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7 days of Economics: US, The Powell put
- Fed chairman Powell has recently emphasized that the FOMC will be patient given the muted inflation reading and that it is ready
to shift the policy stance swiftly if required
- He also considers that financial markets are pricing in downside risks well ahead of
the data. This means that they are too pessimistic on growth
- Professional forecasters’ estimates of the probability of entering into recession in the coming quarters do not display the typical pre-recession dynamics either
At the recent annual meeting of the American Economic Association, New York Times journalist Neil Irwin, the moderator of a panel discussion between Ben Bernanke, Janet Yellen and Jerome Powell, quippingly started by wondering what you get when a lawyer (Jerome Powell) walks into a conference with 13000 economists. Having watched the event on YouTube , the answer is “a clear message”.
When a central banker wants to influence the near term development of the economy and indeed of financial markets, he can signal a readiness to act should conditions require but he can also manifest a high level of conviction in describing the economic environment. Speaking at the panel, Powell did both things. On policy signalling, he insisted that the FOMC will be patient given muted inflation readings and that it is “always prepared to shift the policy stance and to shift significantly if necessary in order to promote our statutory goals of maximum employment and stable prices”. This stance goes back to the Greenspan era, and the liquidity injections following the October 1987 stock market crash. The view that, faced with a bleaker outlook, the Fed would swiftly ease its policy, thereby supporting investor risk appetite, is referred to by commentators as the Greenspan put, Bernanke put, Yellen put and Powell put.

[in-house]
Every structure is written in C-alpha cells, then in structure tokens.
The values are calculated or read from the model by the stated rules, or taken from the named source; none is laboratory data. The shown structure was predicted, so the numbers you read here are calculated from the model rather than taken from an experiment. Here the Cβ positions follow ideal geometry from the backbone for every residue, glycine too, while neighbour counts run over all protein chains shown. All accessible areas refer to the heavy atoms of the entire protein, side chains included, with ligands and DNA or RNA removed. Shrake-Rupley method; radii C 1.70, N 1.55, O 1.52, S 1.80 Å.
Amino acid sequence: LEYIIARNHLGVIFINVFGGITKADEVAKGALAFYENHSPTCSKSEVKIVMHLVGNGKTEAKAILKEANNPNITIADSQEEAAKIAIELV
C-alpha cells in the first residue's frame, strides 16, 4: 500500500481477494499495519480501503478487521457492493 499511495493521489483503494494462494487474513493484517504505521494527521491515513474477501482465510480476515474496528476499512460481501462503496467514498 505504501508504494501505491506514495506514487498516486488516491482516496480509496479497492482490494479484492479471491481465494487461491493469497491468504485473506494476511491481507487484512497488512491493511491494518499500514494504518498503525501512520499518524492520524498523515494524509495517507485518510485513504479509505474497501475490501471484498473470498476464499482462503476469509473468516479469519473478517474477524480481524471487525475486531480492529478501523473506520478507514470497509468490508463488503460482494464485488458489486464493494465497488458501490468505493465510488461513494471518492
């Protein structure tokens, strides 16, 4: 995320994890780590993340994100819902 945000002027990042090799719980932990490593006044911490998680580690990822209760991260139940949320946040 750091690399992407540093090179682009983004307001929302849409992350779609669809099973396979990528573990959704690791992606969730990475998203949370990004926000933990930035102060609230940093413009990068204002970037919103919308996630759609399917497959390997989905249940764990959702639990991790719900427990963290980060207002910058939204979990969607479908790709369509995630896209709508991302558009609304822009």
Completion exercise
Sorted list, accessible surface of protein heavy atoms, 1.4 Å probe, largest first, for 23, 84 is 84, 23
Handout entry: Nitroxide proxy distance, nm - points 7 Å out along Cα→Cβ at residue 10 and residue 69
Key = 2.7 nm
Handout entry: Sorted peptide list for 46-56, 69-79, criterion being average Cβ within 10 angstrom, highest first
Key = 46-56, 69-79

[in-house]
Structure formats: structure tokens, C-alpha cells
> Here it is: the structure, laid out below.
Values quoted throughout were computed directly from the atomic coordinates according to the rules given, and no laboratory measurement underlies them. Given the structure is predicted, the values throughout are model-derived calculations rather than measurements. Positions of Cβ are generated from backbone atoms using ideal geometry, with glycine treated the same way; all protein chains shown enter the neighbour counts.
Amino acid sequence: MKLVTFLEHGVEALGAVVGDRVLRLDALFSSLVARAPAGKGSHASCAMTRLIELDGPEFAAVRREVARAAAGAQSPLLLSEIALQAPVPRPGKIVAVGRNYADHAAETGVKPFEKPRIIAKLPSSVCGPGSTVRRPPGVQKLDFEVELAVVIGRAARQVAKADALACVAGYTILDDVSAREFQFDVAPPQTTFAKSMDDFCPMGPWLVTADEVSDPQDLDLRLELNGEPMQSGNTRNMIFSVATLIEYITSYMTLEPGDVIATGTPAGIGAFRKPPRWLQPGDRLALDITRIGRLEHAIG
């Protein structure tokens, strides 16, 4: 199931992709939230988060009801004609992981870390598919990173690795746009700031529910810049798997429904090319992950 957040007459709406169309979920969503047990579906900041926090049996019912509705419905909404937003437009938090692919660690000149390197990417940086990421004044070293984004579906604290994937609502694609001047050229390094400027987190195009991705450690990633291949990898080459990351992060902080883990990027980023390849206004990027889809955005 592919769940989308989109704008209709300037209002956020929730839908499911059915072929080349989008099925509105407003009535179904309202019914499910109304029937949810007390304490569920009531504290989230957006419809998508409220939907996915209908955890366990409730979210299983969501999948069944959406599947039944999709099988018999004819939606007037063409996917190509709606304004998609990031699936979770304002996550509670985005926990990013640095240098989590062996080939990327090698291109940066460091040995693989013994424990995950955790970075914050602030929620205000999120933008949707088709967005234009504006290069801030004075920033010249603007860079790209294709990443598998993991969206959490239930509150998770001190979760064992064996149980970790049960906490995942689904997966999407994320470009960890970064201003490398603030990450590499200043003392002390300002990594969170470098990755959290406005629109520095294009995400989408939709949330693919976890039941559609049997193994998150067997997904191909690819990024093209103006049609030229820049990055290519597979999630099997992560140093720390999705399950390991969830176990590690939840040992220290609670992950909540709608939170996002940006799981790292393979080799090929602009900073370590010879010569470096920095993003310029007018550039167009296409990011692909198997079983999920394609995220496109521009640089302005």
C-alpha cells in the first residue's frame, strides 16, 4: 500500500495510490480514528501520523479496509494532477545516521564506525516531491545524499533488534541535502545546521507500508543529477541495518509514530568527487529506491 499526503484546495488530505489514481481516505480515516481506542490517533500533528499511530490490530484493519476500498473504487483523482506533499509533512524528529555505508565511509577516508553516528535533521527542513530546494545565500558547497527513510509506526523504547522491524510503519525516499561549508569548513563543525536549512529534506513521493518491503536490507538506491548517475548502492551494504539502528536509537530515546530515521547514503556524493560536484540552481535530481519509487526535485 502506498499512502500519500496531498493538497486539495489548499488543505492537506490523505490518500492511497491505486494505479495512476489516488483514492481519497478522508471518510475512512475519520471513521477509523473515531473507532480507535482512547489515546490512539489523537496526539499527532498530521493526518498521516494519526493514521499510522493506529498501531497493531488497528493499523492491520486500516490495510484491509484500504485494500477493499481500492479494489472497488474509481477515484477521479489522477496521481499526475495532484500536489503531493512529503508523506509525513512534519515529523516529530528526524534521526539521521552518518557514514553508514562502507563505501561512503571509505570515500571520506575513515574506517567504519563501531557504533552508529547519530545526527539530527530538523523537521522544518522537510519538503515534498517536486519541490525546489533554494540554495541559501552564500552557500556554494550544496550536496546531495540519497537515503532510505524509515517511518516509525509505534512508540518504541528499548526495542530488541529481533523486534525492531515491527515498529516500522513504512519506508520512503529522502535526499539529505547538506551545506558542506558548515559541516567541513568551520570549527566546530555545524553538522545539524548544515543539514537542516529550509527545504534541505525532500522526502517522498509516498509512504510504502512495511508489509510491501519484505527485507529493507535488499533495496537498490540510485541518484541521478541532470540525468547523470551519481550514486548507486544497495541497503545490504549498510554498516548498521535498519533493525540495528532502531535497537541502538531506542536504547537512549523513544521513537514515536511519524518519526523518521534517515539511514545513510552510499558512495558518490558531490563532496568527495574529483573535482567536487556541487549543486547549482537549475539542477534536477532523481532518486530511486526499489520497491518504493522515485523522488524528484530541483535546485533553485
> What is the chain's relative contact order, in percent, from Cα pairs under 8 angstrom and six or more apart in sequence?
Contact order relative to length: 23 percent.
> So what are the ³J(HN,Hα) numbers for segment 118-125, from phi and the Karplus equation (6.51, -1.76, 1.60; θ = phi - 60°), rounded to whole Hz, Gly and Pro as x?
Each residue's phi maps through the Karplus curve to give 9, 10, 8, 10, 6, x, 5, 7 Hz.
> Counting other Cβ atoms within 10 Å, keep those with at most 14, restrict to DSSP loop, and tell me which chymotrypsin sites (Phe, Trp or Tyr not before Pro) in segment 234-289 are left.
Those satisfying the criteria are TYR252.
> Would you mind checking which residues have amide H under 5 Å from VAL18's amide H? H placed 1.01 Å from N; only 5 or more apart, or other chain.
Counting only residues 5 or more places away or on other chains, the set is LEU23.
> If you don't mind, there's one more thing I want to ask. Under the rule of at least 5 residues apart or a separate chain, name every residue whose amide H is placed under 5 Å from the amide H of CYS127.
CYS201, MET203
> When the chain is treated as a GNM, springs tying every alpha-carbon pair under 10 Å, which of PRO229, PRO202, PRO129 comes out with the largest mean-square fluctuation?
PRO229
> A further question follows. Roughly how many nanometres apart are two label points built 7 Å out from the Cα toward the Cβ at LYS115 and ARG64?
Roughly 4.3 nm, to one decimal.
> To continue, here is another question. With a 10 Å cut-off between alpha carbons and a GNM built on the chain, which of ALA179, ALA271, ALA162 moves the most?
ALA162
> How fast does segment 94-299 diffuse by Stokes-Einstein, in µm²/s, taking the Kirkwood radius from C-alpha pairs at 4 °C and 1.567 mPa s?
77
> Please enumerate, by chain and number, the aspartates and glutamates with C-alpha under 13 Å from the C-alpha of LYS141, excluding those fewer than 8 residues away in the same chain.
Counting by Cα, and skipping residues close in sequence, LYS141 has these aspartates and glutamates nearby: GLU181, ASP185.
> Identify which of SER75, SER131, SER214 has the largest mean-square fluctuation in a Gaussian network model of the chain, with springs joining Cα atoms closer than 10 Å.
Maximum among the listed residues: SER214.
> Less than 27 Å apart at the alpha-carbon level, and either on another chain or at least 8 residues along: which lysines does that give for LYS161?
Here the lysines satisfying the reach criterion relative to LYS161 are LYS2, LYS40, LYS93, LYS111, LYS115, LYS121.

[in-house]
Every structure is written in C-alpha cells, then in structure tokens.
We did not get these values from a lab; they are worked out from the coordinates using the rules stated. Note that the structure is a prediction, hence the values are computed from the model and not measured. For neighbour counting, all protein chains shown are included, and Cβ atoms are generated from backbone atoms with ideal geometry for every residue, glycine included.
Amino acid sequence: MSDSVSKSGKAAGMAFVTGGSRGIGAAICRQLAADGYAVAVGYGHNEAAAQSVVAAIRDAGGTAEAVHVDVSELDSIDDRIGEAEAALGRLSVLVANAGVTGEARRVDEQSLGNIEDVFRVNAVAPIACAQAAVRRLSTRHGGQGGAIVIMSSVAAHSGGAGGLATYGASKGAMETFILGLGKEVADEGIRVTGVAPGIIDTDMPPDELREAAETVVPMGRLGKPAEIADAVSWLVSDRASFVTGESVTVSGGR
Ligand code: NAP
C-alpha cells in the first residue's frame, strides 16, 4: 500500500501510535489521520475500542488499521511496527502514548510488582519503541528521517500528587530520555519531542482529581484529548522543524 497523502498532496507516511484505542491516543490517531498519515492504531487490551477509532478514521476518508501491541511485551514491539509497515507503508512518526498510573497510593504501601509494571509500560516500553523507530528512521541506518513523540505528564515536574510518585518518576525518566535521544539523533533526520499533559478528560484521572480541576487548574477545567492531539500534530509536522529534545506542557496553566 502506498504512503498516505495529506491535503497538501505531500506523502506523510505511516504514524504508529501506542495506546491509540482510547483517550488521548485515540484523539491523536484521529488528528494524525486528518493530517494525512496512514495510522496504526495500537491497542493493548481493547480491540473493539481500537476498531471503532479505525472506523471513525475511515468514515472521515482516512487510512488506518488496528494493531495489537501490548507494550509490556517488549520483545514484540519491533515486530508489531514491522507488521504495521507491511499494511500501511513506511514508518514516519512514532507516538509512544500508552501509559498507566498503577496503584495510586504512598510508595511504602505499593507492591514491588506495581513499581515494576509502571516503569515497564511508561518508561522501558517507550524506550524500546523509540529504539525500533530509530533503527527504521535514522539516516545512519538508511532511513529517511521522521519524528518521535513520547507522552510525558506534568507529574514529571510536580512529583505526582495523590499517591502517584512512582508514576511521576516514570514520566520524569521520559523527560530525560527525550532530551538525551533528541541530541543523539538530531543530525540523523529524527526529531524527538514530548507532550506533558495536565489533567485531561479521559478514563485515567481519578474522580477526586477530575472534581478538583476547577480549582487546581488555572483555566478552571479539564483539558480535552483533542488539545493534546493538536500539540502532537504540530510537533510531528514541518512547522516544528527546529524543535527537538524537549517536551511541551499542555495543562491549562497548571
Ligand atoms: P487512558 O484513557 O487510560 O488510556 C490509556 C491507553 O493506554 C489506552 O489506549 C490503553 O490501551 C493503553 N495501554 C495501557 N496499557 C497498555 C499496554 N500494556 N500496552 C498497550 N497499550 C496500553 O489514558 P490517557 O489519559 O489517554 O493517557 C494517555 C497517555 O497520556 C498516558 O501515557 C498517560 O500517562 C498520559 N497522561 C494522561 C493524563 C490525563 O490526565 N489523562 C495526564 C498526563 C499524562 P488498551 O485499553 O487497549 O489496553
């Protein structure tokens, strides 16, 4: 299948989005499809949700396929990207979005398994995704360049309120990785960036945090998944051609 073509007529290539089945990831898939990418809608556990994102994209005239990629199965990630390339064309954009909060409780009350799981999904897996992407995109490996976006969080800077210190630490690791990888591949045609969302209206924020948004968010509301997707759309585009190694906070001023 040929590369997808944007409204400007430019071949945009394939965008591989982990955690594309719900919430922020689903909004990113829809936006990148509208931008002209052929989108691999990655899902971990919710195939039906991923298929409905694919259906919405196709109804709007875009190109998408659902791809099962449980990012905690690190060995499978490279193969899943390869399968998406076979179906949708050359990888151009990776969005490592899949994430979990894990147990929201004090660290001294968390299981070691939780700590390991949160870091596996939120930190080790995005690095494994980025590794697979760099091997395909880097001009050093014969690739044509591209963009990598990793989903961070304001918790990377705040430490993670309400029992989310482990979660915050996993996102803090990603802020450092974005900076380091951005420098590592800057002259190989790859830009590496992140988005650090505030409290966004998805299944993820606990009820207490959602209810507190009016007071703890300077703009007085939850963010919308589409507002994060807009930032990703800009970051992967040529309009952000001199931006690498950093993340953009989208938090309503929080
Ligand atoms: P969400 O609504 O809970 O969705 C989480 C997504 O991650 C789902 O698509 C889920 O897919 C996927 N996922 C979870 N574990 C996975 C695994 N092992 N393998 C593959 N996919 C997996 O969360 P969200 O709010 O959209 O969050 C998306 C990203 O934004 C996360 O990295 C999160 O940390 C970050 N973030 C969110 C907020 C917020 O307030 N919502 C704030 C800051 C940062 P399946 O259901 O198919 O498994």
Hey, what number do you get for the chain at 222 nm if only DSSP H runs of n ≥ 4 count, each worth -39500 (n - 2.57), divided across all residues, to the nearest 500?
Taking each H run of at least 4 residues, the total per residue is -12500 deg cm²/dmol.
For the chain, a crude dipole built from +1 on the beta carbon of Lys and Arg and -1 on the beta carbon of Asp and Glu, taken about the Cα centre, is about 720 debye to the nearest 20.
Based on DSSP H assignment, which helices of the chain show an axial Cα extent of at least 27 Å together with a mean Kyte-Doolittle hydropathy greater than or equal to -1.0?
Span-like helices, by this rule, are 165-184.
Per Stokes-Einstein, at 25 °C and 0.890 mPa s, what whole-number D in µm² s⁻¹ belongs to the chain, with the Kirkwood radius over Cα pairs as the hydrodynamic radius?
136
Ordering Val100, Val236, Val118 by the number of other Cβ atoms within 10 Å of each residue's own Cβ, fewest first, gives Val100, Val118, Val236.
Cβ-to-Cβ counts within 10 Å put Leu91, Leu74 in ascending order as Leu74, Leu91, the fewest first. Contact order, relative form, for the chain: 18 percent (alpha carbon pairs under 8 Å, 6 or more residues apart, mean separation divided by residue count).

Importantly, the current Fed chairman was also very
explicit on how his reading of the outlook differs from market
signals: “I think the markets are pricing in downside risks and
they’re obviously well ahead of the data.” We concur with this
assessment not only based on the recent dataflow and its derived
measures , but also when looking at the “anxious index” . Based on
a survey of professional forecasters, this index shows the probability
of a decline in real GDP in the quarter after the survey is taken. Its
recent trend does not display at all the traditional pre-recession
dynamics. In addition, whereas in the run-up to recessions the
difference in recession probability 4 quarters ahead versus next
quarter declines, it is currently still rising.
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